Content marketing and inbound marketing is kind of, the new SEO. Google, as we’ve heard a million times, loves great content and great content attracts genuine links.
The process is easy, the execution can be a bit of a b@stard to do though.
Identify your target audience
Find out where they hang out online e.g. which Reddit forums and Facebook groups etc
Identify your target audience’s common questions and pain points
Use a tool like SEMRush to ID low competition search terms regarding the questions & pain points
Create useful, in-depth copy/posts that helps your target audience
If resource available, create videos for YouTube based on posts that get most traction
Create short videos suitable for social – with captions
For blog content, see if you can match the topics you’ve found, with specific keywords, ideally with the highest volume.
Check the search engine results pages (SERPs) and identify any keywords which have “weak” or somewhat irrelevant results.
It’s a bit beyond the scope of this post, but look to optimise your blogs for “rich snippets”, by using lists and html tables.
To check for keywords, you’ll need Keyword Tool like SEMRush to do this, or search “free keyword tool”.
Keep each blog post specific to one or two keywords.
You can also promote your blog posts with outreach, although some content marketing gurus, say you’re better off investing all your time in creating content, rather than promoting it.
For Reddit, you can use this great Reddit Keyword Tool, to identify the most common topics of discussion, in a given forum/subReddit.
The backbone of good content, is that, well, it’s actually good – well written, easy to read, full of visual assets if possible.
When it comes to blog posts, make the content scannable with lists, bullet points and images. If you have the resource, infographics are always a good addition to a blog post.
Statistics are also a great way to attract links and citations from other websites. For example, if you work out the average price of a [given product or service] in the UK, it’s relatively likely to attract links. If you sell UK holiday homes or used campervans, you might work out the average price of new camper van, or the cost per holiday of an overseas holiday versus a holiday home.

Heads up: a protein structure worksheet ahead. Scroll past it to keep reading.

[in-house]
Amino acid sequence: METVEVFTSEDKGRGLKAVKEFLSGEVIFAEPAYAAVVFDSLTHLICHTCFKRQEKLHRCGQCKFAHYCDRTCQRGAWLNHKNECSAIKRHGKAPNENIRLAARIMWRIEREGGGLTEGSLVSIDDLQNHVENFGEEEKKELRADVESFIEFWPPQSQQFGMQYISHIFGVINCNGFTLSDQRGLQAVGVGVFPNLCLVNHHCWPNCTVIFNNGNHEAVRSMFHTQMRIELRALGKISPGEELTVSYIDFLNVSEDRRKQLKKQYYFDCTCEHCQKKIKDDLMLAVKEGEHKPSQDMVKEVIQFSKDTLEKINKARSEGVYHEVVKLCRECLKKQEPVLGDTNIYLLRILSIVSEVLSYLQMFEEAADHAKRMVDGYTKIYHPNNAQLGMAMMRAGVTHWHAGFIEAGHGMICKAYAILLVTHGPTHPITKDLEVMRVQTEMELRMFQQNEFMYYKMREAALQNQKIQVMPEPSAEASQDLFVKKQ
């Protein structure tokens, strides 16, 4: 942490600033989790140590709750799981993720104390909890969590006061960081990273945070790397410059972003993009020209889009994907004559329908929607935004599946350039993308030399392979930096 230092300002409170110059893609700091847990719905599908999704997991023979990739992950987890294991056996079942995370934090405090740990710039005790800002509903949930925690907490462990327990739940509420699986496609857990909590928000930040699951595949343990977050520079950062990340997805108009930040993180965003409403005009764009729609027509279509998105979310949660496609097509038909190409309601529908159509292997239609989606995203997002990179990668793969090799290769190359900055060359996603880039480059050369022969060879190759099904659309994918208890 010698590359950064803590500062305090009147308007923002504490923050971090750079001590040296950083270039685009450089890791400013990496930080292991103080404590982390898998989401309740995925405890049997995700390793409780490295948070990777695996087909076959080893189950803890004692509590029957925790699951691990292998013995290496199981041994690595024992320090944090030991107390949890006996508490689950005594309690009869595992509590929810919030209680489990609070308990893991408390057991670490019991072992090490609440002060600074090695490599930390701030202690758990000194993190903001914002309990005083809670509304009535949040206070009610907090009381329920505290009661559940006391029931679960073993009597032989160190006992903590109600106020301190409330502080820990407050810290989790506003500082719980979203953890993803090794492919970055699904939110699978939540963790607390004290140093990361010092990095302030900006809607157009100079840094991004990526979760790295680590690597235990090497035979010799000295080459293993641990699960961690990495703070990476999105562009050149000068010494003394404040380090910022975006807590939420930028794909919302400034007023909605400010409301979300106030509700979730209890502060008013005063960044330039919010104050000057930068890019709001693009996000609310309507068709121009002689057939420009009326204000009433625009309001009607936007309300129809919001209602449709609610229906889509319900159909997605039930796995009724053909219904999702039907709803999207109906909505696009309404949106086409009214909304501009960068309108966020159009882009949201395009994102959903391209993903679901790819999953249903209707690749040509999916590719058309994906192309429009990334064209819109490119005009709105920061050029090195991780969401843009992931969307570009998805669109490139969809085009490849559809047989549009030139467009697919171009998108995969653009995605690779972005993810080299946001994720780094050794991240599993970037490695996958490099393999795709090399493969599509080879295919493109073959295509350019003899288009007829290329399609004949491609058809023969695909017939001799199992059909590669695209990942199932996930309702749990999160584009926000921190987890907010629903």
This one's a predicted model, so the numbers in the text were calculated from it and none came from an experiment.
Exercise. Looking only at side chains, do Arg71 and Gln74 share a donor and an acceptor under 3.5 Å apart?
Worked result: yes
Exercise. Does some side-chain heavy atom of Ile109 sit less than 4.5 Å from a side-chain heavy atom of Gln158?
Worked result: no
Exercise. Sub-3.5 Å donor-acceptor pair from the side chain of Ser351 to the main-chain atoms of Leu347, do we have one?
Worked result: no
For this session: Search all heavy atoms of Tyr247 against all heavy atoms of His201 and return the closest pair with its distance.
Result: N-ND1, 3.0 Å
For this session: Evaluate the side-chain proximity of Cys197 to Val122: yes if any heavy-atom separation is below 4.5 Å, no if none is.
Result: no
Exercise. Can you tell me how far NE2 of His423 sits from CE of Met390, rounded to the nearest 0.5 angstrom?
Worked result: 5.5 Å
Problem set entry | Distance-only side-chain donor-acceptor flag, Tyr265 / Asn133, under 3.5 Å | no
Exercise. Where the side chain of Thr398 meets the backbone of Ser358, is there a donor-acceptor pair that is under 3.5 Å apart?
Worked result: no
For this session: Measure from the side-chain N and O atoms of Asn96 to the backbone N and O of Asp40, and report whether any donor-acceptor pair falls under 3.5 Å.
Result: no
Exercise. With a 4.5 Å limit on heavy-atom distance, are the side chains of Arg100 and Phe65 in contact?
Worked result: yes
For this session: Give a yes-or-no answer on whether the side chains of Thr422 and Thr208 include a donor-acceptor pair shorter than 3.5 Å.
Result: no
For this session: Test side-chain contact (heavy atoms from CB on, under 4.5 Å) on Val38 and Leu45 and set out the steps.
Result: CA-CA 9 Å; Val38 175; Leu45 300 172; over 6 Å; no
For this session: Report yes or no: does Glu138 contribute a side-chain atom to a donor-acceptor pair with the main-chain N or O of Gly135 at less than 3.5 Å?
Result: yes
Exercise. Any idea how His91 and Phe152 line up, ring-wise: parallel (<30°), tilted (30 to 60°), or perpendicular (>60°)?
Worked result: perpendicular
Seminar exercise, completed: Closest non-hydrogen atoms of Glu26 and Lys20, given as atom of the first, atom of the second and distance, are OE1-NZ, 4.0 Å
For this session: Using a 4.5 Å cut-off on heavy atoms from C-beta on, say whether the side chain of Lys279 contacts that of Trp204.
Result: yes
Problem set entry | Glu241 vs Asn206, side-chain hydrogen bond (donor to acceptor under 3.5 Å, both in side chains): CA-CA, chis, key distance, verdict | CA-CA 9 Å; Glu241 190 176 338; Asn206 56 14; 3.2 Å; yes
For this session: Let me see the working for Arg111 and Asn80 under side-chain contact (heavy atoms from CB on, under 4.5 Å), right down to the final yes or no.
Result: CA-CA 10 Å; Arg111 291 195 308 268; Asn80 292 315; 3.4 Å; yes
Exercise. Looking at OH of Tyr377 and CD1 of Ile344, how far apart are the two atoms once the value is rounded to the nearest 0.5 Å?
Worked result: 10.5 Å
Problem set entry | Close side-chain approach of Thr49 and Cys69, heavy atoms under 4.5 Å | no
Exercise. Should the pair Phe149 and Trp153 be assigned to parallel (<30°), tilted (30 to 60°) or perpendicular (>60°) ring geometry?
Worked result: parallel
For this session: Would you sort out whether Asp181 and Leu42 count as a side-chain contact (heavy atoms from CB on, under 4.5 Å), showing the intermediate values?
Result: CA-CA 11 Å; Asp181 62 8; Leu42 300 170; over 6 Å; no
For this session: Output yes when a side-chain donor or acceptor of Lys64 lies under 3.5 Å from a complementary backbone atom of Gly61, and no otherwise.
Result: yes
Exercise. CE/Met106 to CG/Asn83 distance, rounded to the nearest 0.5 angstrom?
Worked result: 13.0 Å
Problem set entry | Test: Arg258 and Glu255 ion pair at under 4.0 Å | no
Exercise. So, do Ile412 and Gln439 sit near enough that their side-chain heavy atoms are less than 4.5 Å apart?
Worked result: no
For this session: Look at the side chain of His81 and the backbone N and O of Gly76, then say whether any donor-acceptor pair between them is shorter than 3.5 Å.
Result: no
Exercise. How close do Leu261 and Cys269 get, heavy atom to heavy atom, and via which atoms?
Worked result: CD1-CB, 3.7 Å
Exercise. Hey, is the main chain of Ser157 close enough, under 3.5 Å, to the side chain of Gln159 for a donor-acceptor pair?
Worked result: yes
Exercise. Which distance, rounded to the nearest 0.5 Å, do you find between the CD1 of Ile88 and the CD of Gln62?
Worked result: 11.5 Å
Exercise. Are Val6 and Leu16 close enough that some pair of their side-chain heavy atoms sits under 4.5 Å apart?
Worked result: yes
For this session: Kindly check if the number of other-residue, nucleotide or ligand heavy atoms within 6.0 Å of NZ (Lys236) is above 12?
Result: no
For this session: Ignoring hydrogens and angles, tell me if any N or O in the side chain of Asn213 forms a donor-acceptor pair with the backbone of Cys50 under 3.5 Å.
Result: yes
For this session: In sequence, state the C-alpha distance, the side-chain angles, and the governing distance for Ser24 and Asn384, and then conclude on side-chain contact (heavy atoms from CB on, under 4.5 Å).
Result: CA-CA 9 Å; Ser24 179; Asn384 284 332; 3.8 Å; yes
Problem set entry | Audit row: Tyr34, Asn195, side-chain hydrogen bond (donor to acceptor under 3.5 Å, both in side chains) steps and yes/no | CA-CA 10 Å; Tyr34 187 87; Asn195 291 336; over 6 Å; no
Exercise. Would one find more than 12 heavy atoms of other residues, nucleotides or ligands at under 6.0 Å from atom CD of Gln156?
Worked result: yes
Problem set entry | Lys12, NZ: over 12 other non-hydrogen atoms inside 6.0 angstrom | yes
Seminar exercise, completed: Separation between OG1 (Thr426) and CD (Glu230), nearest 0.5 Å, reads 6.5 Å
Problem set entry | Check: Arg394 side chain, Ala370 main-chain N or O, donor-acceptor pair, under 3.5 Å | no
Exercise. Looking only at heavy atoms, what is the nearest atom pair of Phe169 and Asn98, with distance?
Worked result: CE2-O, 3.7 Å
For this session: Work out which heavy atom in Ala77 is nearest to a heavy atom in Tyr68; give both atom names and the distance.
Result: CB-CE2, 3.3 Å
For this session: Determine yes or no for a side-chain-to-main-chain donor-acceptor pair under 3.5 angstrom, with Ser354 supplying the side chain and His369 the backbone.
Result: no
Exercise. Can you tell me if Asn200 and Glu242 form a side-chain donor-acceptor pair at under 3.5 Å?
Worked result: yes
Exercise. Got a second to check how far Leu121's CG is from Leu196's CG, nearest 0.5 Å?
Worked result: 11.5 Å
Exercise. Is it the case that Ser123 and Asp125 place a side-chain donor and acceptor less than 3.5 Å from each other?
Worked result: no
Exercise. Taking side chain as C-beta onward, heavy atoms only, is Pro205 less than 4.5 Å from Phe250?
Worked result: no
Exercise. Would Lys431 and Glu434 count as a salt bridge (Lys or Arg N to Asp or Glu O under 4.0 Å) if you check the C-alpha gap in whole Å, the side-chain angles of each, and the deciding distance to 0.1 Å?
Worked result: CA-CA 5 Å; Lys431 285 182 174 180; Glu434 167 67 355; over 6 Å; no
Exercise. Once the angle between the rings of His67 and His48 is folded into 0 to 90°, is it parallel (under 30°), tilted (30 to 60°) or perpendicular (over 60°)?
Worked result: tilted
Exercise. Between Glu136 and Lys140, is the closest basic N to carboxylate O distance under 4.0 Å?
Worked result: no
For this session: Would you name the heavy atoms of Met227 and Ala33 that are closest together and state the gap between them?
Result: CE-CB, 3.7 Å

Help, Help, Help, Sell
Gary V’s book Jab, Jab, Jab, Right Hook is a bit old now, but the adage of setting up a sale several times, before trying to promote your service or product is still valid, in my opinion.
The “jab” in the book title, is the useful or entertaining content aimed at your target audience
The “right hook” is a blog and/or social media post that aims to sell a product or service.
Would you follow a social account or blog that’s just trying to sell you a service or product?
Would you follow a social account that just shows you all the “behind the scenes” info?
You might follow a brand or company on social media etc, that just promotes itself, if you already know the brand, or if you’re interested in working at the company.
However, unless you’re an established brand, or you create content just for recruitment purposes, then it’s generally best to create blog and social media posts that help, entertain, and/or interest your target audience.
Establish yourself as an authority in your niche, with helpful & insightful content
Drew Griffiths (2022)
It can definitely help to promote discounts and offers on social platforms and blogs, but that’s generally the that’s the “right hook”, whereas the “jab, jab, jab” relates to the helpful, insightful content that should take up about 75% of all your posts.
If you’re in the business to business sector for example, you can gain brand awareness and an online following by providing posts that provide helpful advise on SEO, PPC, Social Media Marketing, Digital Marketing Tools etc. If you’re just trying to directly sell your office chairs, or accounting software in every single blog and social media post, you’re probably not going to get a large, engaged, following.
Don’t Post Links all the Time on Social Media
Social media platforms, from Facebook to LinkedIn, all want to keep users, on their platform. Links will tend to take people onto different websites, and as a result, posting links to your blog etc, will tend to kill your organic reach (the amount of people who see your social media post).
Keto Diet Products Example
If you were running a business selling Keto supplements and foods. You can study the Keto subreddits and Facebook groups, and you’d probably find that there are lots of questions regarding keto desserts.
Jump onto SEMRush, or another SEO Tool and find search terms, and potential headings for blog posts – that have a low level of competition – i.e. it’s relatively easy to rank for.
Create in-depth keto dessert blog content that’s better than what already exists.
Optimise the content for the search terms that you’ve identified on SEMRush.
Reformat the content for social media. Captioned videos tend to do well, as these are the least popular form of content – social media is full of images and text posts, so it’s a bit easier to stand out with a video.
Consider creating a free eBook about keto desserts. Promote the eBook on social media to “warm up” your target audience to your brand* Remarket your products to those that download the eBook.